Saturday, September 24, 2011

The University's Progress Report

Every once in a while someone asks me if I've seen students get dumber over the years. As long as there have been students, I think some people have thought that the younger ones were dumber than the ones from a generation back. But I'm not one of those people; if anything, I've seen the incoming classes at my university get smarter over my twenty-three years here. I've seen some other interesting changes, too, though. For instance, students now have less time than they did in the 80s; I consider the internet the greatest cause, but an increase in the number of students who have to work also plays a part. I also see today's students as more isolated and self-absorbed, less aware of others around them. Self-indulgent technology again contributes heavily here, but the culture of self-esteem has raised a generation of young people each so busy thinking that he's special and excellent that he has little room left in his thoughts for others.

Those are changes I've seen in the past twenty-five years. But I've recently had the chance to compare today's students with those of nine hundred years ago: in my yearly reading of Durant, I've some to a section on education and the rise of universities in the twelfth and thirteenth centuries. The comparisons run the gamut: in some areas, students of today come out looking better, while in others the first university students take the prize, and in yet others, the two groups seem very similar.

Early university students definitely rise above ours in devotion to their studies. The word "student" comes from the Latin studere, which means "to be eager for," and the early students appear very eager as Durant paints them. The only entrance requirement for many of the first universities was a knowledge of Latin. Any person who had given several years of his life to the study of the language of education and then showed up asking to be taught knew what he wanted, and so he was admitted. Apparently, the word "university" first referred to associations of students who asked for professors, because they wanted to hear lectures. Hundreds begged Abelard to begin teaching again after his humiliation in his affair with Heloise. And his lectures weren't easy. The Church considered Abelard's mind one of the best -- even if one of the most frightening -- minds in Europe. St. Bernard refused to confront Abelard on his almost-heretical thinking because he knew he would be bested by the scholar who had studied logic for forty years. But crowds of teenagers sat and listened to him carefully cite Scriptures and passages from the Fathers to support opposing answers to various theological questions. (According to Durant, Abelard virtually always ended up with the orthodox answer; it was his dependence on reasoning that worried the Church.)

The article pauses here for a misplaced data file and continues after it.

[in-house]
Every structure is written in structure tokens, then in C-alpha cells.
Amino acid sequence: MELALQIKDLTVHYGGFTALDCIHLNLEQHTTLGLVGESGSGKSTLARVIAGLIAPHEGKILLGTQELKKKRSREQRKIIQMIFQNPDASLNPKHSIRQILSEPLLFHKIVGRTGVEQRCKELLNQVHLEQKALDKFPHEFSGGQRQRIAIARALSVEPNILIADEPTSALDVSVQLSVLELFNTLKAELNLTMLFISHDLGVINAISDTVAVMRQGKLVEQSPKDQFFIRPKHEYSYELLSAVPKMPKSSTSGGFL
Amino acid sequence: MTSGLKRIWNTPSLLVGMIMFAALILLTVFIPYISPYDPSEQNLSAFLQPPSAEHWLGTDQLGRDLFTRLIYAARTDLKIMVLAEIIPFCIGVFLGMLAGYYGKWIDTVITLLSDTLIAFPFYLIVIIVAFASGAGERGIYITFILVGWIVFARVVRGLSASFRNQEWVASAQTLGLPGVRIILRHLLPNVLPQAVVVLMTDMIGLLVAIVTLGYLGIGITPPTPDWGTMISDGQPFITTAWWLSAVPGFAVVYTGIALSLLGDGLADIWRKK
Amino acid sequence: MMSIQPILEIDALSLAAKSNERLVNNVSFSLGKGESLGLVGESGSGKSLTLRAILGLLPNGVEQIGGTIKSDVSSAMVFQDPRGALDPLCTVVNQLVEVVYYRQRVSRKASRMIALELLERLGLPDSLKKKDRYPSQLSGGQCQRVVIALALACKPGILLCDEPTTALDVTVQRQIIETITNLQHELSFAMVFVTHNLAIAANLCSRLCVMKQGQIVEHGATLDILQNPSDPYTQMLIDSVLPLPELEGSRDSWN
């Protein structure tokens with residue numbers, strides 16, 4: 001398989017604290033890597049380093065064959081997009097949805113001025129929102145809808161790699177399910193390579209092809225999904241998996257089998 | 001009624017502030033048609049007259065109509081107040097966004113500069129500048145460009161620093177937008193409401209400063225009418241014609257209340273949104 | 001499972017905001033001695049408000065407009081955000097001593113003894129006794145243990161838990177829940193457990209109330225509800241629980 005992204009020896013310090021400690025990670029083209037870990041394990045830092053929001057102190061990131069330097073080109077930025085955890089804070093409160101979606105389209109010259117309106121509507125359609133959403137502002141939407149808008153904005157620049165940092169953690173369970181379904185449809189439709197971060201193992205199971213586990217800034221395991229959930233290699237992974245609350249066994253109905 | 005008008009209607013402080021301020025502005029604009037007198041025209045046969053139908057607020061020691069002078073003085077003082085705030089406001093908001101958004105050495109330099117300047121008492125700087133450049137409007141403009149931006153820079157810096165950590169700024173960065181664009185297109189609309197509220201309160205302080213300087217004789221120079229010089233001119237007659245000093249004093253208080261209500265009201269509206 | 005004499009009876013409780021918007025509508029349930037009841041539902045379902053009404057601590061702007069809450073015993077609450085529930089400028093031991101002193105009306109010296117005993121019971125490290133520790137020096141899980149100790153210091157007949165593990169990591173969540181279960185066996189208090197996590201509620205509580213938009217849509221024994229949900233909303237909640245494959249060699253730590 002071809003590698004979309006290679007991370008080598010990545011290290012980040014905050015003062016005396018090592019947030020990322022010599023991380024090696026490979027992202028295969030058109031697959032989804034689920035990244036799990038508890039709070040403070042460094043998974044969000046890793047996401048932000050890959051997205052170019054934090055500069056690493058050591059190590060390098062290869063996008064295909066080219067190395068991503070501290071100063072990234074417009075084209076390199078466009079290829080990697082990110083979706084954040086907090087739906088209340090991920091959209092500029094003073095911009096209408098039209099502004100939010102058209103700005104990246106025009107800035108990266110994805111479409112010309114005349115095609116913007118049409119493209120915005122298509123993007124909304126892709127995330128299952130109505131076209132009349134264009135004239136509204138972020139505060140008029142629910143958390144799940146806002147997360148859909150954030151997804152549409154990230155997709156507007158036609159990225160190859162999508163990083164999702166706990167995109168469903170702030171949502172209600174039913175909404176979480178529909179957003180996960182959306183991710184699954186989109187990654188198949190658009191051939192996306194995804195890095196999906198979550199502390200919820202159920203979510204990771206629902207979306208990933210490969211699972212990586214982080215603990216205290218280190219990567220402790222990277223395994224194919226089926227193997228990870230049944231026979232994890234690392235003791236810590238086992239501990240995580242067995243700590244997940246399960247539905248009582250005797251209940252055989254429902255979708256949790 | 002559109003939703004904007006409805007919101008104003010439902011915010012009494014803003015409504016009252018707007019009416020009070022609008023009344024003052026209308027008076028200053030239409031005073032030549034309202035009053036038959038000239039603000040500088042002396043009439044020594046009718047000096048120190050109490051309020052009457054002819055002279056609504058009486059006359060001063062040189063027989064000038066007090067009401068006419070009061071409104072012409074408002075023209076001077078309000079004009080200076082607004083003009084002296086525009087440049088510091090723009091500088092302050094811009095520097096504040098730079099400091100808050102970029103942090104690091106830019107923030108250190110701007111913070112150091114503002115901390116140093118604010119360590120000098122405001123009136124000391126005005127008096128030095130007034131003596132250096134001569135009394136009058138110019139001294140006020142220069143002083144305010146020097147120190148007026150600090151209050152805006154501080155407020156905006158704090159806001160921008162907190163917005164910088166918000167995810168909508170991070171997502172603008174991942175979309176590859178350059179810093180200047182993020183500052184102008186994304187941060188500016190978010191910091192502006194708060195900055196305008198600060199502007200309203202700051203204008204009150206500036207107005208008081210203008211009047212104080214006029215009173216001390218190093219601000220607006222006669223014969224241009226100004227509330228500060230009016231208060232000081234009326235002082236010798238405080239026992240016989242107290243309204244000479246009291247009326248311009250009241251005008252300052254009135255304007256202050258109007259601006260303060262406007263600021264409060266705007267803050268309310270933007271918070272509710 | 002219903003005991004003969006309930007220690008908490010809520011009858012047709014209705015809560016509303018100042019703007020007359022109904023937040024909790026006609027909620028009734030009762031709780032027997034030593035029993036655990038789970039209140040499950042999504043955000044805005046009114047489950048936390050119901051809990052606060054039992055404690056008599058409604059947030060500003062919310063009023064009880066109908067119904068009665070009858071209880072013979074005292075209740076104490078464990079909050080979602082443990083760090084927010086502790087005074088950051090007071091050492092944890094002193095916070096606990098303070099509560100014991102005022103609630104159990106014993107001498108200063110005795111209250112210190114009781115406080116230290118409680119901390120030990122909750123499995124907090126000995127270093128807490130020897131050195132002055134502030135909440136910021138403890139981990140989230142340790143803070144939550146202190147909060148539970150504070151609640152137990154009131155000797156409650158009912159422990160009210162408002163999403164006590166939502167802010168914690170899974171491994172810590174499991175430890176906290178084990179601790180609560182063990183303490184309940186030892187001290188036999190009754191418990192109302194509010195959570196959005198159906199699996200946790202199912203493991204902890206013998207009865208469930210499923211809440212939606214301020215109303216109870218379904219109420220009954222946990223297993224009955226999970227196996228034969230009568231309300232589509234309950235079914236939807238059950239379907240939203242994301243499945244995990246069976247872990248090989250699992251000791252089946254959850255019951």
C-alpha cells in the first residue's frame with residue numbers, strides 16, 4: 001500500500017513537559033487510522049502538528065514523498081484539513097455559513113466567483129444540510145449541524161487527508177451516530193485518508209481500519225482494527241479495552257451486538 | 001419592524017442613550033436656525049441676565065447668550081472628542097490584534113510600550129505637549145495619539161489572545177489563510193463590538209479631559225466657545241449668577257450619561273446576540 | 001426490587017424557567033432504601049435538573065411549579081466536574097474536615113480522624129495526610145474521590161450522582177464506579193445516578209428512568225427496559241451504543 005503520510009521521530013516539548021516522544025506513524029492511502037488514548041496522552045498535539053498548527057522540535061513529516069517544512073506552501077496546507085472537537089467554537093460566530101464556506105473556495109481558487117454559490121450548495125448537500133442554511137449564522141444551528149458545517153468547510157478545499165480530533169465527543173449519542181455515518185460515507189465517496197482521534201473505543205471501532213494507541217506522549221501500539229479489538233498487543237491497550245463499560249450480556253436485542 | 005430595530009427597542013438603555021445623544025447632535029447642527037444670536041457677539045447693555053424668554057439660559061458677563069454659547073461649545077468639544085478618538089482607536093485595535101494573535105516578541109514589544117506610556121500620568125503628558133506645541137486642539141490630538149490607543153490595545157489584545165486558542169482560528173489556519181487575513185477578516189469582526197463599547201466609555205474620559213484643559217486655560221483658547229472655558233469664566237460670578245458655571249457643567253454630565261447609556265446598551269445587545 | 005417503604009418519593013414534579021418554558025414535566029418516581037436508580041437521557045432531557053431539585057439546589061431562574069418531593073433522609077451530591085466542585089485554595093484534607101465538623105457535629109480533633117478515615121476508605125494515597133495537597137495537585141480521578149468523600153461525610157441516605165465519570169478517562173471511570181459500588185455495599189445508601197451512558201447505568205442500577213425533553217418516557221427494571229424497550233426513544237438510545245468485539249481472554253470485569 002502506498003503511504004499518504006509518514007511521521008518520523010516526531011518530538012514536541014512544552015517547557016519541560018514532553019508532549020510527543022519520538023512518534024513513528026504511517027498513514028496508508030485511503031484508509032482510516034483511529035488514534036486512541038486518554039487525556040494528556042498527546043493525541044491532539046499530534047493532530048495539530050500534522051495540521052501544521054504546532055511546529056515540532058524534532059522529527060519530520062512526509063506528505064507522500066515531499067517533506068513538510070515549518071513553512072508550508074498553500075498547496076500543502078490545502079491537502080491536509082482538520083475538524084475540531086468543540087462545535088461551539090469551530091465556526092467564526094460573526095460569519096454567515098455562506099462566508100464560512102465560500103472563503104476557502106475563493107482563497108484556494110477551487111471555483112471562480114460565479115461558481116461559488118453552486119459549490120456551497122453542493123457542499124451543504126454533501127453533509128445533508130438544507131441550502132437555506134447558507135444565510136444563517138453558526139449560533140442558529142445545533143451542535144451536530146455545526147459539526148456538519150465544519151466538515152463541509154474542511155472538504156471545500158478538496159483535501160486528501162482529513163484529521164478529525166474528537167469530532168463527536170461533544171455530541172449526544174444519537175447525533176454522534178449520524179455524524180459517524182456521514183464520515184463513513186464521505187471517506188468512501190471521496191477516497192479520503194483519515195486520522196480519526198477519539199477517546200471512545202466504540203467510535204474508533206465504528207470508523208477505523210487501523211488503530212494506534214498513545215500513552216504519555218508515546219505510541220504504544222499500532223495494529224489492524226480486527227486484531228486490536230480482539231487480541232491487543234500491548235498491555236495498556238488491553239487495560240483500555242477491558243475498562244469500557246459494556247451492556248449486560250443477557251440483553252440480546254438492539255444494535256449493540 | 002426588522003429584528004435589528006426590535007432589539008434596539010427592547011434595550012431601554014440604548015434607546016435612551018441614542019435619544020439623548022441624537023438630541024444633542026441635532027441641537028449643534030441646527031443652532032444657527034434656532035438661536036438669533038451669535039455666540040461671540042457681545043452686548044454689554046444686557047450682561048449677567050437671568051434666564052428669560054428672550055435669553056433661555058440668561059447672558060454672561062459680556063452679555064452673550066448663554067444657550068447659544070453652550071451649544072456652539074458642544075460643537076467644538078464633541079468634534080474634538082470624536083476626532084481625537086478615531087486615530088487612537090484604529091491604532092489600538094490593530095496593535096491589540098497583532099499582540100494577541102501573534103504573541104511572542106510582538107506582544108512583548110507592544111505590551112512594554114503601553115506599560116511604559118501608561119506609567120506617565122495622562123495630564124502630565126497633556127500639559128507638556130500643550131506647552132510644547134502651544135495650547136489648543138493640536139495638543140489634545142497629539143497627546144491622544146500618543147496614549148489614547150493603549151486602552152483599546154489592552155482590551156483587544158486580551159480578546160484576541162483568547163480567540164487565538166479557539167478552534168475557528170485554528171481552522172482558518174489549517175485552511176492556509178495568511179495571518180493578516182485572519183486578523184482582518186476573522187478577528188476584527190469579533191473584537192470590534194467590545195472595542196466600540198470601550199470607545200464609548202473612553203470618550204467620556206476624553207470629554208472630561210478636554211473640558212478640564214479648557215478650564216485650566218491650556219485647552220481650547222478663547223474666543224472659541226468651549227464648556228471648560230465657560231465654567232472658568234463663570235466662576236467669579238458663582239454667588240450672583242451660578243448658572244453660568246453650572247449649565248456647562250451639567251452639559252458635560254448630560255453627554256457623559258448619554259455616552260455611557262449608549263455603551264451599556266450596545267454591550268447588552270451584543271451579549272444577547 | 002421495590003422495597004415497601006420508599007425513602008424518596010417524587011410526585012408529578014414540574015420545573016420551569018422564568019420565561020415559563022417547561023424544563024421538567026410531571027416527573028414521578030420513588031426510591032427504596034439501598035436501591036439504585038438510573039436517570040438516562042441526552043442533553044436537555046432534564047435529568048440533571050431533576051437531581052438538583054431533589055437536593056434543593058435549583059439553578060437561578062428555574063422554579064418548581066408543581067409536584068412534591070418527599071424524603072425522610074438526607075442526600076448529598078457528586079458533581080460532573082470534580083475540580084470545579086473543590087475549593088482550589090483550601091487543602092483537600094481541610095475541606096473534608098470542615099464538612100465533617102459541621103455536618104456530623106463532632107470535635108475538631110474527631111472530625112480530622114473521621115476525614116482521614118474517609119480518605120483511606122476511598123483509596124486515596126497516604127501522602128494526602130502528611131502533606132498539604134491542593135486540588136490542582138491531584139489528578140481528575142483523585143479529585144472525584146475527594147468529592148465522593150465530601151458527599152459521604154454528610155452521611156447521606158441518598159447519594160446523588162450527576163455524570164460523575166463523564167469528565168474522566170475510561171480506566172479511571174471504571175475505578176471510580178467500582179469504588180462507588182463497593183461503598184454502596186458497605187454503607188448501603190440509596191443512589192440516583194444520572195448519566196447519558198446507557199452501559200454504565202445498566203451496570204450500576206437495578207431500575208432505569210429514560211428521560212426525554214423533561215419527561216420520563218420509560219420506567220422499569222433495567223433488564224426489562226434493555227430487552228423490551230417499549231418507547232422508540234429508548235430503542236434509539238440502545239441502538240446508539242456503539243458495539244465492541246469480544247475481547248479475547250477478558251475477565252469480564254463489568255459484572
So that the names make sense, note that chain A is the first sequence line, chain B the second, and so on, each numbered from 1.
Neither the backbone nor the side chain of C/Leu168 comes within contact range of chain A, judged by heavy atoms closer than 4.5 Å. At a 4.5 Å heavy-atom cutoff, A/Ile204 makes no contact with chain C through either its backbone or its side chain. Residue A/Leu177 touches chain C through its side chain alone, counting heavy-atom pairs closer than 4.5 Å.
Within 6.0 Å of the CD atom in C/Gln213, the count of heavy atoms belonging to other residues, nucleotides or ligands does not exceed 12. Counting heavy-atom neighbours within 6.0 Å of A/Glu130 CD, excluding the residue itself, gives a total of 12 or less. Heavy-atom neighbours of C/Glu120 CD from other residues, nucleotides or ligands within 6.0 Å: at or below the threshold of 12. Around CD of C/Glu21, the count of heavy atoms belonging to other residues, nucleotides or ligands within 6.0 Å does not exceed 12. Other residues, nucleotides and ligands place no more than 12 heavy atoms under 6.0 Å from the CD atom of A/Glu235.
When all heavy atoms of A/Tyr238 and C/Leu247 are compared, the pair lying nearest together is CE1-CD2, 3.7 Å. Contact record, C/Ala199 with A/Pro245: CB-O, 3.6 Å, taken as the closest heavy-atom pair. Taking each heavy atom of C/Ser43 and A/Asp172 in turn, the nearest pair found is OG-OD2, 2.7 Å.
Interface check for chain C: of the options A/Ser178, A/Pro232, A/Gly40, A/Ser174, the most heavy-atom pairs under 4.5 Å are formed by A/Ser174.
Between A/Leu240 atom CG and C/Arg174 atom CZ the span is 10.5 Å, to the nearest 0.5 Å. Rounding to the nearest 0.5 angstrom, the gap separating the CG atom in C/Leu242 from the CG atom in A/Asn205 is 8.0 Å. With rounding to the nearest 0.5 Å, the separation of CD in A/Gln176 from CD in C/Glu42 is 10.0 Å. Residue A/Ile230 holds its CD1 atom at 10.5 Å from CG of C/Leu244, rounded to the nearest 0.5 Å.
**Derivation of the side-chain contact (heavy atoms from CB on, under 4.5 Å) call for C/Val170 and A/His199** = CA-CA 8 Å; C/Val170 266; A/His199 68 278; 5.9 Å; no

Students of today look better than their medieval counterparts when it comes to interacting with the people and businesses of their college towns. Oxford students seem to have murdered townsfolk on a fairly regular basis. Today's student, raised in a (mostly) less violent culture and in possession of more cash, has less inclination to kill local shopowners and more inclination to make them more prosperous shopowners. On the other hand, the first students at Bologna, Paris, Oxford, Cambridge, and elsewhere seem to have been no more fascinated with sex and beer than those of today. They paid a steep price for their vices, though: undergraduates went through a comprehensive examination before graduation then, and more failed on moral grounds than were denied on the basis of poor scholarship.

My last comparison has to do with those first student congresses called "universities." Durant reports that they used their money and teachers' public rankings to determine which professors received and retained posts. Soon afterwards, the term "university" began to apply to guilds of professors banded together to determine the fates of students. I can't help but wonder whether Durant didn't smile at the original power structure as a quaint idea that, soon corrected, got buried under 800 years of proper order. But the old ways are coming back. What would Will Durant have thought of the student protests in the 60s? What would he have thought of!

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